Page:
Obamacare’s implementation has dealt Massachusetts’ healthcare system an enormous blow. The “Washington knows best” mentality embedded in the federal law has disrupted hundreds of thousands of local residents who were previously being served by our own carefully crafted, state-based law. The solution to the crisis is simple: Massachusetts needs a waiver from Obamacare’s requirements, and we need it now.
Just the other day, I was speaking to a caseworker who helps people sign up for health insurance and receive care. She told me gut-wrenching stories of two women who stopped seeing their doctors because they lost their previous health insurance coverage as a result of the Obamacare changes. One woman was in the middle of chemo treatments. The other was pregnant.
This is unacceptable in America. It’s unconscionable in Massachusetts, where 98 percent of the commonwealth’s residents had health insurance before Obamacare. Since the federal law has gone into effect, 300,000 people — the equivalent of half the population of Boston — have been forced off their preferred plans. A full 170,000 people are now living with “temporary” coverage. Most disturbing are the approximately 75,000 people stuck in the “twilight zone,” who don’t know for sure whether they even have coverage.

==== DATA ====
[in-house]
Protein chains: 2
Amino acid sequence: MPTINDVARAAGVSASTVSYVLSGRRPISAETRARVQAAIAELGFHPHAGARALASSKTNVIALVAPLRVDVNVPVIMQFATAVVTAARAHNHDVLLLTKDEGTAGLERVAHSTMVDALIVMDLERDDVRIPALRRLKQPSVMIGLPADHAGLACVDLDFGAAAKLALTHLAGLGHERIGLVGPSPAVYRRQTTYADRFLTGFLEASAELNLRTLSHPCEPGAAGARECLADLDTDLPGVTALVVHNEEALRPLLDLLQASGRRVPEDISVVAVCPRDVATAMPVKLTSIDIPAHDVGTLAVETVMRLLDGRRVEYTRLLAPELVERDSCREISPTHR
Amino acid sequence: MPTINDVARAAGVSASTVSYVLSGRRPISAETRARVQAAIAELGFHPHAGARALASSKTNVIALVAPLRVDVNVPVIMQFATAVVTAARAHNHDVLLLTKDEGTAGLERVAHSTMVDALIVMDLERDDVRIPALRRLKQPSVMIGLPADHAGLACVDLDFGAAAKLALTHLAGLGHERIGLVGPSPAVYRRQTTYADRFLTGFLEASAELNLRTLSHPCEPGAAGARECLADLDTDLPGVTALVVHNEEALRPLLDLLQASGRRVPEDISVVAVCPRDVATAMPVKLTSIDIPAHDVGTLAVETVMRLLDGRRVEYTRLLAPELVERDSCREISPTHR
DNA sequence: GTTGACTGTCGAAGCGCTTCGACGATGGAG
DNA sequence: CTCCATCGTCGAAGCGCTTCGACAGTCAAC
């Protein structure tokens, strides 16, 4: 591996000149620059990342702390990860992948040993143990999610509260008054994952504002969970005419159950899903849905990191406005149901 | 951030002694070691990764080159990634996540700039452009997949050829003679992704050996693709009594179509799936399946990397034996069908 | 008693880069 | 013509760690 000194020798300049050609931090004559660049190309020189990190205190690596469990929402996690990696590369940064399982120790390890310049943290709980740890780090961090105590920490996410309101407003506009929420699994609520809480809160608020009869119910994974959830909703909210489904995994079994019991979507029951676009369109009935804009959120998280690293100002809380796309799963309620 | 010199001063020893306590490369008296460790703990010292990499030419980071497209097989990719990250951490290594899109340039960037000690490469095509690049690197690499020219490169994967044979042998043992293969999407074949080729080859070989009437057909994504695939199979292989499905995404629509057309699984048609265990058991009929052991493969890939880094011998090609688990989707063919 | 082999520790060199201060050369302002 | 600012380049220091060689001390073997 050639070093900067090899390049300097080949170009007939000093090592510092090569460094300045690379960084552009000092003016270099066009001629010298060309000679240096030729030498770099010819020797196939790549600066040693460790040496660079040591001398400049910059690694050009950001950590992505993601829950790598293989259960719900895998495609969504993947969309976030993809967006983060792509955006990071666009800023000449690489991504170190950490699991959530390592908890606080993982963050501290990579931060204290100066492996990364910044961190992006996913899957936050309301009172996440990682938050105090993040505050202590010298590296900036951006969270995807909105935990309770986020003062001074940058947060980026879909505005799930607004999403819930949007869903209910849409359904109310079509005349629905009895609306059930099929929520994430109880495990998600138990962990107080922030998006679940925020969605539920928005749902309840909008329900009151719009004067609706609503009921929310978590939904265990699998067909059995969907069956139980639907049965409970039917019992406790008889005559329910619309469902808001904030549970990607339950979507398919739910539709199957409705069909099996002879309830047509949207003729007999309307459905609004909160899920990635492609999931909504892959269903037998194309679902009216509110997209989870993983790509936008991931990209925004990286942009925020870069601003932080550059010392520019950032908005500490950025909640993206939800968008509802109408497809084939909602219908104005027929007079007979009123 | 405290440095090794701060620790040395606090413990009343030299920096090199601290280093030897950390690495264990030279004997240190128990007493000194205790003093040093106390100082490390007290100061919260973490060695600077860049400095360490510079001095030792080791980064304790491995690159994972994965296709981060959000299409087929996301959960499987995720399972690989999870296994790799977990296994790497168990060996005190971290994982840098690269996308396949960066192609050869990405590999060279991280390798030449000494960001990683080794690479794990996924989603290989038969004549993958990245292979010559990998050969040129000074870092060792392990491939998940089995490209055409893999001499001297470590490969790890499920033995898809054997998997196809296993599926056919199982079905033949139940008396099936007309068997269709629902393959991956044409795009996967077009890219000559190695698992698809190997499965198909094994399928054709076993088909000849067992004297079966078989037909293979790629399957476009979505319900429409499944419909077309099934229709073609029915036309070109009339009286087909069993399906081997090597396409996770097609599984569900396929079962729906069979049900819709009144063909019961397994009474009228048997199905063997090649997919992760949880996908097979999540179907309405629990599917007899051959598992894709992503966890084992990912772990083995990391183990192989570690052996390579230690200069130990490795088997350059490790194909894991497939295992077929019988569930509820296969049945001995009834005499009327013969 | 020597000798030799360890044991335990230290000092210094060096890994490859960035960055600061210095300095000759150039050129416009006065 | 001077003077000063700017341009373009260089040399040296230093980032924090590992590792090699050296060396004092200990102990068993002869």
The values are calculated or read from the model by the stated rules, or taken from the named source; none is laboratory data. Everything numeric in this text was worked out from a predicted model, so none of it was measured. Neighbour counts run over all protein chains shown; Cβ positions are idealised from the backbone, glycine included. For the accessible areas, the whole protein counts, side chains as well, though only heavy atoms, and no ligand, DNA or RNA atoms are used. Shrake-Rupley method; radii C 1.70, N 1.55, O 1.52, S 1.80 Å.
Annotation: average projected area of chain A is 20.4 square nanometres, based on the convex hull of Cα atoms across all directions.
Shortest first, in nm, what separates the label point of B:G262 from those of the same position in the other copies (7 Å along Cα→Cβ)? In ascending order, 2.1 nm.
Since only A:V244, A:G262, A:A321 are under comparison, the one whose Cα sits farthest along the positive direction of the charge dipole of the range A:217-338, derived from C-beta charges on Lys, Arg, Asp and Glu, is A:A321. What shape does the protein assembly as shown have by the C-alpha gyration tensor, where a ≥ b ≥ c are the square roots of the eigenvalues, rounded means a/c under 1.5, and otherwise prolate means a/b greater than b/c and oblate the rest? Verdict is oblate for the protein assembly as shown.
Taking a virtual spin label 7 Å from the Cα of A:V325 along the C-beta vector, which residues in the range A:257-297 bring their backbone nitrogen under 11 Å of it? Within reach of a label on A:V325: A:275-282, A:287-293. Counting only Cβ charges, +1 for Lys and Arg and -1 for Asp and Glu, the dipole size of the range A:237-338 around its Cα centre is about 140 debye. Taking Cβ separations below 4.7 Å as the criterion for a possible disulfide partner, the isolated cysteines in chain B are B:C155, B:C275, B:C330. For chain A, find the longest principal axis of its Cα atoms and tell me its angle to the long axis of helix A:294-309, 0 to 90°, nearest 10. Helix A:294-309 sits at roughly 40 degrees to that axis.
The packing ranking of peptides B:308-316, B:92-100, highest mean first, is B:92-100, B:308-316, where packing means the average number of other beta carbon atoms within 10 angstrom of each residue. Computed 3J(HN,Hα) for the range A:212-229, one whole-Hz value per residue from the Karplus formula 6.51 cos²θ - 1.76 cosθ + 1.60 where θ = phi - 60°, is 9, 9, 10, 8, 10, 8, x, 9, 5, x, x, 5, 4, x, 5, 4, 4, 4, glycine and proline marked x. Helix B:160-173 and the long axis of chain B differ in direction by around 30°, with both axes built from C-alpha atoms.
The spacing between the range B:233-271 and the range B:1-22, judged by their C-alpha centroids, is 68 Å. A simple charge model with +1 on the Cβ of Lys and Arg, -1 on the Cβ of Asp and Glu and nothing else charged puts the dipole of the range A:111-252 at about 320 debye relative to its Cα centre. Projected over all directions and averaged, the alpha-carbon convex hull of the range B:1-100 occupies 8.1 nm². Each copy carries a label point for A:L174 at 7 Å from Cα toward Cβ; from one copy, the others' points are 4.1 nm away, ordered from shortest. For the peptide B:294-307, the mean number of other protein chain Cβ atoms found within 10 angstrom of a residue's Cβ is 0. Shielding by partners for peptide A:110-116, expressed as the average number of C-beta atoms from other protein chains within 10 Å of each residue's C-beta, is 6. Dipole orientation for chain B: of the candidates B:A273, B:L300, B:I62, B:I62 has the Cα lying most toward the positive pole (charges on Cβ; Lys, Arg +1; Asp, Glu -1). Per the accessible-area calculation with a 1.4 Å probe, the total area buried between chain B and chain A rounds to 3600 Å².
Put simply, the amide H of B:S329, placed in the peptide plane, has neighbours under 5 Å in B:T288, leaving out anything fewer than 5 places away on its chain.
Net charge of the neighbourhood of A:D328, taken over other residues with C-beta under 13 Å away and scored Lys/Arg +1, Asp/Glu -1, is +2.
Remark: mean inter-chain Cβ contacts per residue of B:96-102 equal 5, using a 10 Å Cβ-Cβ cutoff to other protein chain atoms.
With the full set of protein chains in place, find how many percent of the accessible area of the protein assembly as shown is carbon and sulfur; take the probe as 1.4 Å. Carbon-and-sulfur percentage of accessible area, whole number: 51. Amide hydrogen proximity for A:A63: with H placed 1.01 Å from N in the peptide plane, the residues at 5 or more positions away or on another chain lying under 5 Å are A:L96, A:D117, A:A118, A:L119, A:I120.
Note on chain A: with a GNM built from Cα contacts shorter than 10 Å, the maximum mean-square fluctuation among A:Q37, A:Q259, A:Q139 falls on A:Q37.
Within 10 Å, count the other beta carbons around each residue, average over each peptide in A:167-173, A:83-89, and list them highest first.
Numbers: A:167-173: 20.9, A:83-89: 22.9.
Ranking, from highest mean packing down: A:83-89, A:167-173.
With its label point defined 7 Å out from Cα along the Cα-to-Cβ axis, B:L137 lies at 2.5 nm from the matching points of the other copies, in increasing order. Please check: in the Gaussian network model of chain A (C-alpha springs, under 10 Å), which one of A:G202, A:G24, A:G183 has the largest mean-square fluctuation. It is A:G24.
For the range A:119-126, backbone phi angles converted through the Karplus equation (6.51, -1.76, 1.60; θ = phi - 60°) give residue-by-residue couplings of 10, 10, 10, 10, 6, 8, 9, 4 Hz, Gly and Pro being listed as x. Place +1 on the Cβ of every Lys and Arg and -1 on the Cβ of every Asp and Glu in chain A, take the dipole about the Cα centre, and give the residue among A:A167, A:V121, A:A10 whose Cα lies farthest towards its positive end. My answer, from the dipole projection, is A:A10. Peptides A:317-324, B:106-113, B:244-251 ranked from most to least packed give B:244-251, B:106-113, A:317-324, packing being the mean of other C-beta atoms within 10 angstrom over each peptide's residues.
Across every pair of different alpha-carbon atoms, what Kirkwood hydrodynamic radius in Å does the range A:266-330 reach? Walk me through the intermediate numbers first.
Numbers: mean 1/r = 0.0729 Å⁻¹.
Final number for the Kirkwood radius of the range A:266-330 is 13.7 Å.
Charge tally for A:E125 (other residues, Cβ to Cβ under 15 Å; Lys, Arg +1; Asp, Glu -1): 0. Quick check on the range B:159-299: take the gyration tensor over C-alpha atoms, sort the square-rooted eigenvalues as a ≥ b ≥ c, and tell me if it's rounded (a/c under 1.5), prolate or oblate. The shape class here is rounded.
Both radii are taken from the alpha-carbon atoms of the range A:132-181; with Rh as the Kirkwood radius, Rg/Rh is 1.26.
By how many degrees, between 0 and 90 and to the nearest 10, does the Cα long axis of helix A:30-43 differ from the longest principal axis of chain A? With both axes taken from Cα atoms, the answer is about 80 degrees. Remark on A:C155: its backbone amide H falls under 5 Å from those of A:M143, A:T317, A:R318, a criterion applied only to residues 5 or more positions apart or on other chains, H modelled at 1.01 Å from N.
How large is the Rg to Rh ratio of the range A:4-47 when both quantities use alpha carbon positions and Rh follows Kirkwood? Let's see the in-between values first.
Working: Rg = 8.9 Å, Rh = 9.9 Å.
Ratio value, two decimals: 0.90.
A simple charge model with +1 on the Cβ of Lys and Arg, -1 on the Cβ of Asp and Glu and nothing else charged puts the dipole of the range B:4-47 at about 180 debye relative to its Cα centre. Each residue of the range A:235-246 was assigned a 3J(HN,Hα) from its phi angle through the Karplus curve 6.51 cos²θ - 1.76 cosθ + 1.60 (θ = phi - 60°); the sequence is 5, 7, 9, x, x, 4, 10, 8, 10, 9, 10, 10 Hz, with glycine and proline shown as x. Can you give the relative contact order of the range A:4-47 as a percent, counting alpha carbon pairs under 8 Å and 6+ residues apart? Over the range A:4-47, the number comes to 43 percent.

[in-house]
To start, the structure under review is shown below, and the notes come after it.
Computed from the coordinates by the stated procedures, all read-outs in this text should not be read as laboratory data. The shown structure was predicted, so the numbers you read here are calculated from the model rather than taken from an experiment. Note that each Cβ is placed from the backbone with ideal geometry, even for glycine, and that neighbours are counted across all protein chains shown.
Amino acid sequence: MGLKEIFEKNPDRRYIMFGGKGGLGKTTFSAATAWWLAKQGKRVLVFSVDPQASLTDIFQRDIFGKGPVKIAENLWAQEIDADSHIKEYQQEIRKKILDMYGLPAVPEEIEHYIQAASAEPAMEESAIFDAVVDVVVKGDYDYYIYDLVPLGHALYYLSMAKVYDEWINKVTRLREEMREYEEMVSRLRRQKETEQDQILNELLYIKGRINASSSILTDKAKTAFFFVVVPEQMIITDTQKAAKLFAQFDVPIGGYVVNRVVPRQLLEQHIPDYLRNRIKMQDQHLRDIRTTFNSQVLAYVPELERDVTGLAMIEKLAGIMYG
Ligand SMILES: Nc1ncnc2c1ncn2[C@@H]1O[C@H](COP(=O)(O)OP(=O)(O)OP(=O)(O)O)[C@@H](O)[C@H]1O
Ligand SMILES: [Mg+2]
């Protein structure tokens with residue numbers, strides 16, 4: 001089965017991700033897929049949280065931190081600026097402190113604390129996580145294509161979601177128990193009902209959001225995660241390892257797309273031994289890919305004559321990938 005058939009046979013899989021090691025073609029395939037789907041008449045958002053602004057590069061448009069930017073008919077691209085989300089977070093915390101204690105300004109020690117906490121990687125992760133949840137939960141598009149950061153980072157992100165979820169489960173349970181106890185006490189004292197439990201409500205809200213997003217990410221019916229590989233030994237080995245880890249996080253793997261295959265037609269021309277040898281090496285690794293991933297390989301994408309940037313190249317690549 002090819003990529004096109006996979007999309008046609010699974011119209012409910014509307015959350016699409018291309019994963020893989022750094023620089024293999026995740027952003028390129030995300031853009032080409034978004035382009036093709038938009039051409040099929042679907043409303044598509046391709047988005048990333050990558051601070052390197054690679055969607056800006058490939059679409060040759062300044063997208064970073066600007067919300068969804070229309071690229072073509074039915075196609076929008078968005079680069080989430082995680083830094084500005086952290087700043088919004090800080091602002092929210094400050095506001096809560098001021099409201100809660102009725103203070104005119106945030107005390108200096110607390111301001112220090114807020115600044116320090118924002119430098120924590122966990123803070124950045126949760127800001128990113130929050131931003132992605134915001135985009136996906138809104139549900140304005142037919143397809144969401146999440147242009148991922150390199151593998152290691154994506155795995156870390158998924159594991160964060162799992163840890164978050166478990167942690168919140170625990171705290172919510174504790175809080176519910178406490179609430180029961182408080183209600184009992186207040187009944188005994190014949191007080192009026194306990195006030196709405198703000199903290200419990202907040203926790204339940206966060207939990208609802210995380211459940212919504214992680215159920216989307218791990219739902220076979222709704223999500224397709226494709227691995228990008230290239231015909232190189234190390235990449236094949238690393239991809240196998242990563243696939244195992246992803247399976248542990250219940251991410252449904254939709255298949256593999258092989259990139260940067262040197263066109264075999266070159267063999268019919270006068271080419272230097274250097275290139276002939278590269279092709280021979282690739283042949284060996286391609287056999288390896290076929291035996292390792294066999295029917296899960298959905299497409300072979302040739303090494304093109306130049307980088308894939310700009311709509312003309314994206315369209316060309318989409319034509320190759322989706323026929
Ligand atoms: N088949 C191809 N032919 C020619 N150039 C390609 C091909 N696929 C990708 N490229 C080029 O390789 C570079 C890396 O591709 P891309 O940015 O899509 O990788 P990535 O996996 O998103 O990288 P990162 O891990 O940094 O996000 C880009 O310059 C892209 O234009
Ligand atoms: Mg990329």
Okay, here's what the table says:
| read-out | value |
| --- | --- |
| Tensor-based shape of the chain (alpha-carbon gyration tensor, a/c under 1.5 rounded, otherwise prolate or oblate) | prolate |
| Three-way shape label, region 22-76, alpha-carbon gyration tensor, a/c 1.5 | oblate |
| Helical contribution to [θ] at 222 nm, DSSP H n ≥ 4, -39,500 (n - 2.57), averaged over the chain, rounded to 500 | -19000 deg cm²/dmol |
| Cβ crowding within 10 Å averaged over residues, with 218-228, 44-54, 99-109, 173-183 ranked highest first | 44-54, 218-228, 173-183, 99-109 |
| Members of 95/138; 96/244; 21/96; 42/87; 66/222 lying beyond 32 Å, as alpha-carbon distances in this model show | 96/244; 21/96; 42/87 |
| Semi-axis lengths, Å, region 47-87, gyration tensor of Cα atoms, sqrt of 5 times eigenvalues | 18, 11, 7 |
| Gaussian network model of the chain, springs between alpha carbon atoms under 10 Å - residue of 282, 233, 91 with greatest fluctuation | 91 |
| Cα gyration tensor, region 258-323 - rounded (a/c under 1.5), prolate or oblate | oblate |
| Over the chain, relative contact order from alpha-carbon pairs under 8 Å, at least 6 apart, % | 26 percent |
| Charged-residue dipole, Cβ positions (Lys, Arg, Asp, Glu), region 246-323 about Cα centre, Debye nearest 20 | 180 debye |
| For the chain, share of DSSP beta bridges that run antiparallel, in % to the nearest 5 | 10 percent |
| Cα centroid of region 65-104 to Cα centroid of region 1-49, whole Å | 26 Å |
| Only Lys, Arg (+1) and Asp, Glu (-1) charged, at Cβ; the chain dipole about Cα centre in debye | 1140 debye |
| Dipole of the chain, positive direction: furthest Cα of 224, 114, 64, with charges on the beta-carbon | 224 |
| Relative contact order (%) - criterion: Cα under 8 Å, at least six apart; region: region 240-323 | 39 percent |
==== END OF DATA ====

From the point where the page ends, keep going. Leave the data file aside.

To add insult to injury, Massachusetts once had a fully functioning enrollment website and electronic carrier payment system. We now have a healthcare website rated the worst in the nation, forcing the state to switch to paper applications.
Conventional wisdom was that Massachusetts would have a seamless transition to the federal law, but reality has shown otherwise. Obamacare was a federal takeover of our state system, and the “one-size-fits-all” approach mandated by federal law has required more than 100 changes to our state program. The failed website system alone has cost $180 million.
People are already being hurt by these changes, but things will only get worse if no one acts. Later this year, up to 60 percent of individuals on small business insurance plans will see their premiums skyrocket. In four years, a new tax on “Cadillac” plans will levy a backbreaking 40 percent tax on nearly all teacher, police and firefighter insurance plans. The medical device tax will also suck $411 million out of our local economy every year, hurting job creation here on the North Shore.